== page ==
Putting that in 2012 dollars, global RTB spending was $2.7 billion; by 2017, RTB will attract $20.8 billion in media expenditures; the United States will account for $14.7 billion within the next three years.
Other countries to watch are China -- which is relatively nonexistent on the RTB meter right now, but is expected to rise quickly -- and Australia, a country experiencing strong growth, largely due to its consistently strong display market and tight relationships between big multiplatform publishers and global agencies.
If China is two to four years behind the US in wide adoption of RTB media sales, Latin America is even further back. Despite the advertising gains in countries like Brazil, RTB is not expected to be more than blip for most of the next several years.
"The vast majority of the spending is happening in the US, naturally," Weide said. "Most other markets are considerably more conservative than the US when it comes to RTB and programmatic. But China, as it addresses its infrastructure and networking issues, will rise quickly. The ideal time frame for a bid is 30 milliseconds and China's networks are too slow. Australia is well advanced when it comes to RTB, but its market is small so not a whole lot of spending there."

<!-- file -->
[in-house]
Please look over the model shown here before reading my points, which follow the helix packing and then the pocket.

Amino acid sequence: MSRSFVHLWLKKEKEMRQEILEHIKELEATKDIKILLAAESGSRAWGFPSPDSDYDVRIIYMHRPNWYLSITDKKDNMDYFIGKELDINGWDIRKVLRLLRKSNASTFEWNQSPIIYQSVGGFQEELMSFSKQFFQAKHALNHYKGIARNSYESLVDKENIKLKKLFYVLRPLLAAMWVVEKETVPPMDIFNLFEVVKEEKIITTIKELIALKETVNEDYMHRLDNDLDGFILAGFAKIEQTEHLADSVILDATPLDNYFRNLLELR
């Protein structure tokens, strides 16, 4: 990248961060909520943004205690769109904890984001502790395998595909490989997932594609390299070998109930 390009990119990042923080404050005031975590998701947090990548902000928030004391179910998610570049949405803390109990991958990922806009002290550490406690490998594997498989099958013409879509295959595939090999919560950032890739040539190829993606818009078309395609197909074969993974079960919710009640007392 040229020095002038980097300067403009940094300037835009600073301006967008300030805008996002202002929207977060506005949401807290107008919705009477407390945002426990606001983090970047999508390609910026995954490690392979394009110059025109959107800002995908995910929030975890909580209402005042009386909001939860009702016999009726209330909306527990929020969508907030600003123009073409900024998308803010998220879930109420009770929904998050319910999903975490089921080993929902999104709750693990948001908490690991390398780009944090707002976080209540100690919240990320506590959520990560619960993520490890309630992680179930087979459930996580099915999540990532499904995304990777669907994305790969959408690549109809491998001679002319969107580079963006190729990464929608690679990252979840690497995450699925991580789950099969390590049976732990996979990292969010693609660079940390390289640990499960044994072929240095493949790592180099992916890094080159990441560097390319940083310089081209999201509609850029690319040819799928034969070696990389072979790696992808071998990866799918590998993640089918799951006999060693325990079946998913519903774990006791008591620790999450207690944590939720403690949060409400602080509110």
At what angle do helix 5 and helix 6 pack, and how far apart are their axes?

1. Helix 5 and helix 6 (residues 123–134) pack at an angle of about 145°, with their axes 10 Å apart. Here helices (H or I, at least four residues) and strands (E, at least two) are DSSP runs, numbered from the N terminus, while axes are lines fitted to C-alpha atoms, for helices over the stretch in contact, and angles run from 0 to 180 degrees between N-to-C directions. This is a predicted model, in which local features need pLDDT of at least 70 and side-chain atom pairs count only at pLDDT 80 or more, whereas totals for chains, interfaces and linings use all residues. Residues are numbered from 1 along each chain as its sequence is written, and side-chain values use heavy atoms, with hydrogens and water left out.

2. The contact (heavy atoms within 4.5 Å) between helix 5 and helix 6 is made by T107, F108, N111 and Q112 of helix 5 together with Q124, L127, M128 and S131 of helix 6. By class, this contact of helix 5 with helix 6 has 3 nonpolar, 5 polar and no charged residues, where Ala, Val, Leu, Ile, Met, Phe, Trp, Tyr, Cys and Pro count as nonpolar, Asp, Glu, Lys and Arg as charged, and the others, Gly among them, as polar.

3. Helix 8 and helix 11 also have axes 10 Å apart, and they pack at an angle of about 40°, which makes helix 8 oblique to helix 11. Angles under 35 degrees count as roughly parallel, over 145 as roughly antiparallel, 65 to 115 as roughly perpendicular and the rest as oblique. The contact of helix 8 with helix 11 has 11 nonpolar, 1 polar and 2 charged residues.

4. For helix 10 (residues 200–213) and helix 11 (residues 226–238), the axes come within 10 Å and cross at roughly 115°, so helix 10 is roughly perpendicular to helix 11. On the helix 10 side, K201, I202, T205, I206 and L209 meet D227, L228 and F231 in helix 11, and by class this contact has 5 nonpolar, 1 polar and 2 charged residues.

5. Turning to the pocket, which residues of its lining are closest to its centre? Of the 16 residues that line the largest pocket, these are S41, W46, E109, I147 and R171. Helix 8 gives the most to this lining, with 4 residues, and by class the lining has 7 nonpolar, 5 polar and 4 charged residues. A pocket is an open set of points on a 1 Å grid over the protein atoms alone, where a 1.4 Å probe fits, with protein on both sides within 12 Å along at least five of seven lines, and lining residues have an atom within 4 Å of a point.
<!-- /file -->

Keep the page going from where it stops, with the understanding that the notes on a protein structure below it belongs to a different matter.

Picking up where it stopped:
Video will be a minor contributor on overall revenue because there isn't enough inventory to go around. The inventory that is available is being sold direct.
While private marketplaces are generally viewed as a way for publishers to minimize the impact on traditional direct sales while maximizing the efficiency of programmatic, Weide said the use of these tools will remain "minimal."
The reason is that exchanges thrive on liquidity and volume. A private marketplace, by definition, artificially reduces that liquidity. "What they will continue to do is allow publishers to stick their toes into the water, without being afraid to drown," Weide said.
Ultimately, agencies want RTB because it is fast, clear and effective. "As such, publishers will embrace RTB for their survival, and they'll simply need less people to handle it," he said.